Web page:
OF SOUTH CAROLINA
In The Court of Appeals
The State, Respondent,
Paul R. Coleman, Appellant.
Appeal From Richland
M. Duane Shuler, Circuit Court Judge
Opinion No. 3206
Heard April 11, 2000 - Filed June 26, 2000
Assistant Appellate Defender Melissa J. Reed Kimbrough, of SC Office of Appellate Defense, of Columbia, for appellant.
Attorney General Charles M. Condon, Chief Deputy Attorney General John W. McIntosh, and Senior Assistant Attorney General Norman Mark Rapoport; and Solicitor Warren B. Giese, all of Columbia, for respondent.
HEARN, C.J.: Paul Coleman appeals his conviction for assault and battery with intent to kill (ABIK), alleging the trial judge erred in refusing to charge the jury on the lesser included offense of assault and battery of a high and aggravated nature (ABHAN). We affirm.(1)
On January 10, 1997, at or about 11:23 p.m., Victim and his co-employee were working at a Subway restaurant preparing to close for the evening. Victim had stepped in the back to take out the trash when he heard the front doorbell ring. Victim testified he returned to the front of the store but found no one there.
The assailant, Paul Coleman, wearing a black ski mask and a jacket with the hood pulled over his head, jumped out at Victim, pointed a gun at him, and said, "Give me all your money. Give me all your f------ money, mother f-----." Victim attempted to open the cash register but before he had the opportunity, the assailant shot him in the eye and fled.
Police arrived shortly thereafter and retrieved a videotape of the incident recorded by a surveillance camera. The video, which operated with a four-second time lapse, first depicted Victim walking from the back of the store. The camera then revealed Coleman pointing a gun at Victim. The following picture showed Victim stepping towards the cash register in an attempt to comply with Coleman's orders, while Coleman raised the gun to aim at Victim's head. The camera next disclosed smoke from the gunfire; however, Victim, who had fallen to the floor, was not visible in this scene. The last image showed Victim's co-employee fleeing to the back of the store.
At trial, the State presented Erick Rodgers, who testified he was the "look out" person for Coleman in the attempted robbery. Rodgers testified Coleman picked him up on the day of the robbery because Coleman wanted to "rob somebody." Rodgers stated he saw Coleman enter the Subway that night and then heard a gunshot in the restaurant. Coleman exited the restaurant and they both fled in a pickup truck.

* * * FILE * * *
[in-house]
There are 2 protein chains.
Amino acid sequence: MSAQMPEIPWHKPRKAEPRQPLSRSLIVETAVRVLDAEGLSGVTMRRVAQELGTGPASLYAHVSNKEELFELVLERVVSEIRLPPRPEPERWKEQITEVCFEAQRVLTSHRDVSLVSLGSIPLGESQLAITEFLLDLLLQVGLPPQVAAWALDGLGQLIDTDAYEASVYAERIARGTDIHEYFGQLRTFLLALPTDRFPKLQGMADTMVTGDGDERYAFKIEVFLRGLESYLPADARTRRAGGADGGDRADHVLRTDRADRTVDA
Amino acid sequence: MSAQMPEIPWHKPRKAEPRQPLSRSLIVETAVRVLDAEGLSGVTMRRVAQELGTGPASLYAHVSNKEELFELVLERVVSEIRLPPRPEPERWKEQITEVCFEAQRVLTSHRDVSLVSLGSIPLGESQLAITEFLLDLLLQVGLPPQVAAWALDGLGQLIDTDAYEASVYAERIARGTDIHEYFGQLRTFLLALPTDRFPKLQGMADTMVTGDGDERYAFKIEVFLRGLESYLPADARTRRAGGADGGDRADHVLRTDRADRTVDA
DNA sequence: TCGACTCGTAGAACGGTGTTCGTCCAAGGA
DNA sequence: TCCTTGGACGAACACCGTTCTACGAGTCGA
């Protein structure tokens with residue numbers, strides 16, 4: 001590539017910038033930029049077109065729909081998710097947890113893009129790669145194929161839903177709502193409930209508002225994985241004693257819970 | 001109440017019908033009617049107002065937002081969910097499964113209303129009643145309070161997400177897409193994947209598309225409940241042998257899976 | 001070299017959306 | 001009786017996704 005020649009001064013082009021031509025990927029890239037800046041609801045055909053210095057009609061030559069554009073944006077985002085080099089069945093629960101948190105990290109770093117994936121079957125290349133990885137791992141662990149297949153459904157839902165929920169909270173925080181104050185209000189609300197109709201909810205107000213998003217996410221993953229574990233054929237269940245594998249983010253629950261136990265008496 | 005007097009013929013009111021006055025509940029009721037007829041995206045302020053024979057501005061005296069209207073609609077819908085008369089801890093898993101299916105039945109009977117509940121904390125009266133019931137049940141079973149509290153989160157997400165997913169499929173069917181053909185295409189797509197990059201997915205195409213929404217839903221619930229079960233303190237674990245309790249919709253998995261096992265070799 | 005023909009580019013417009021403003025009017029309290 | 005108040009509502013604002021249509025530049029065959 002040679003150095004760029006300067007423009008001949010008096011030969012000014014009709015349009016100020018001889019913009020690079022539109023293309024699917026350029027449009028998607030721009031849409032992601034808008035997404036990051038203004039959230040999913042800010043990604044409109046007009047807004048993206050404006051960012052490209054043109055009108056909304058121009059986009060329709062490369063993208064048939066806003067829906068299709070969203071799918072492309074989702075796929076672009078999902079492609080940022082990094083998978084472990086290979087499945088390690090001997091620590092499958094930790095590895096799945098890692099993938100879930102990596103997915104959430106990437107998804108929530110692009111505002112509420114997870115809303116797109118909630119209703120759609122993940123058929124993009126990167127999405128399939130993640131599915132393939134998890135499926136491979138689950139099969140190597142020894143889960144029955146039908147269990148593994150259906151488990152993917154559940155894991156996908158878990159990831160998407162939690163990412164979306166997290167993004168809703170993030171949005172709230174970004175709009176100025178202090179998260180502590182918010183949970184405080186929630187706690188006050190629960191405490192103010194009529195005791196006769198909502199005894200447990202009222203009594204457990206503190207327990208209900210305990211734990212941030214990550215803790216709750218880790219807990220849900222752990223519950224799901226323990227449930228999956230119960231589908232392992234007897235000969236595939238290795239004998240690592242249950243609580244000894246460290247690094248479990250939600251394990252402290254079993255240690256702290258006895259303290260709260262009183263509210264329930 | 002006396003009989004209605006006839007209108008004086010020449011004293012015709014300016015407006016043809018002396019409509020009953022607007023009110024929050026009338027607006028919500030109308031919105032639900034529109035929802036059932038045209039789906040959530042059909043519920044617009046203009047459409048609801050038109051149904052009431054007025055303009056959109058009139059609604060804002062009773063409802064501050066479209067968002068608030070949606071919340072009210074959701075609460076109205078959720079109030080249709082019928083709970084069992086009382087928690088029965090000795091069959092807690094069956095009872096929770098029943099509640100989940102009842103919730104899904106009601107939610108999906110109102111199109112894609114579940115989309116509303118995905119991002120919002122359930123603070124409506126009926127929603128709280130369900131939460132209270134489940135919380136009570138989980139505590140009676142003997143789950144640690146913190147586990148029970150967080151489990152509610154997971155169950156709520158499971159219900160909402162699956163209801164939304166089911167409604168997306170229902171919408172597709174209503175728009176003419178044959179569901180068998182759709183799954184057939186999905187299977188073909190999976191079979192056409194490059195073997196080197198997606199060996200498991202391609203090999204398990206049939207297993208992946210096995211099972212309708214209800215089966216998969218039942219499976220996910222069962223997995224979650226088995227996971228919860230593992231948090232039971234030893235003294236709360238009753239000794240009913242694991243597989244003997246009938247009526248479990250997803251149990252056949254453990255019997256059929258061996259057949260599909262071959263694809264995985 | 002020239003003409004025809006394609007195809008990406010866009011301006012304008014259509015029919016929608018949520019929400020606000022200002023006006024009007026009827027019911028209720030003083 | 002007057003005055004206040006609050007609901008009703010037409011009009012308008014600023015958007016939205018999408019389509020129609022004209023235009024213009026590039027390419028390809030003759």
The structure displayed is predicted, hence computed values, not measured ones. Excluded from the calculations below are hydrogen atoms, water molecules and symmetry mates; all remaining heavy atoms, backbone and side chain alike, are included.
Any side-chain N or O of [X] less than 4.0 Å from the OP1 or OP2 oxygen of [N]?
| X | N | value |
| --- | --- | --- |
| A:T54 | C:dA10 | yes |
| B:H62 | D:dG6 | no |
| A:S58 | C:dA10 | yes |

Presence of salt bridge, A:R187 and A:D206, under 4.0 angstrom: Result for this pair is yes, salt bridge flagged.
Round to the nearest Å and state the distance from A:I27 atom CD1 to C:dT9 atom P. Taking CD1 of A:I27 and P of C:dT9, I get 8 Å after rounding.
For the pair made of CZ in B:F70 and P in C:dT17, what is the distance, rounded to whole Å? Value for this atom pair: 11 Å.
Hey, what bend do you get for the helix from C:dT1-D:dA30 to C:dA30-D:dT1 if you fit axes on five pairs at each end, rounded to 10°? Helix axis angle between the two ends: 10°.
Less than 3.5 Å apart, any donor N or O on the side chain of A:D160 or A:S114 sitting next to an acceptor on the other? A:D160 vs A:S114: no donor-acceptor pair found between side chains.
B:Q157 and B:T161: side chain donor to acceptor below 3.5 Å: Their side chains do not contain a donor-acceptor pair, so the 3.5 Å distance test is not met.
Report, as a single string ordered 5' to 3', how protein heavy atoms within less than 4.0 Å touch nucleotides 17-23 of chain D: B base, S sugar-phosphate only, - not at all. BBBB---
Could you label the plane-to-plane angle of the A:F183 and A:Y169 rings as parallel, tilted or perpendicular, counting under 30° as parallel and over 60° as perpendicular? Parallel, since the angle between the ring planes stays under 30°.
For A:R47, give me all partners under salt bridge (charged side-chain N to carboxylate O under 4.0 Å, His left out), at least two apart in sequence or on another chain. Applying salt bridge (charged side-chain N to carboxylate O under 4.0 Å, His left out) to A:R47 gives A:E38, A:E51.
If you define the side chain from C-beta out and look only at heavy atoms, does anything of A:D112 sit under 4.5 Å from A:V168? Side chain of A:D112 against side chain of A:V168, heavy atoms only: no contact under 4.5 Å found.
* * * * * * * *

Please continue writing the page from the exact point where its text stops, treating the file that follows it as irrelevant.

The State also called Travon McCoy who testified Coleman told him he was the assailant in the attempted robbery. McCoy stated:
And when he [Coleman] told me about it, he said that he went in the store and the man, he kept demanding money from the man. Apparently the man didn't believe him. So he said he just panicked and shot him, you know. . . .
Coleman's statement, which he gave the police shortly before his arrest and after he learned Rodgers and McCoy had implicated him, was also introduced at trial. Coleman stated: "I went in. I went by a little hallway part. I had a gun when I went in. I came back out from the hallway. All I know, I got scared and started to run and heard a shot. . . ."
At the close of the evidence, Coleman requested the judge charge the jury on the lesser included offense of ABHAN. The judge denied this request. The jury convicted Coleman on both counts and the judge sentenced him to twenty years for ABIK and ten years for attempted armed robbery.
It is well settled that a jury instruction on a lesser included offense is required only when the evidence warrants such an instruction. Hopper v. Evans, 456 U.S. 605, 611 (1982). It is not error to refuse to charge the lesser included offense unless there is evidence tending to show the defendant was guilty only of the lesser offense. State v. Atkins, 293 S.C. 294, 299, 360 S.E.2d 302, 305 (1987) (emphasis added), overruled on other grounds by State v. Torrence, 305 S.C. 45, 406 S.E.2d 315 (1991). We do not believe that evidence is present here.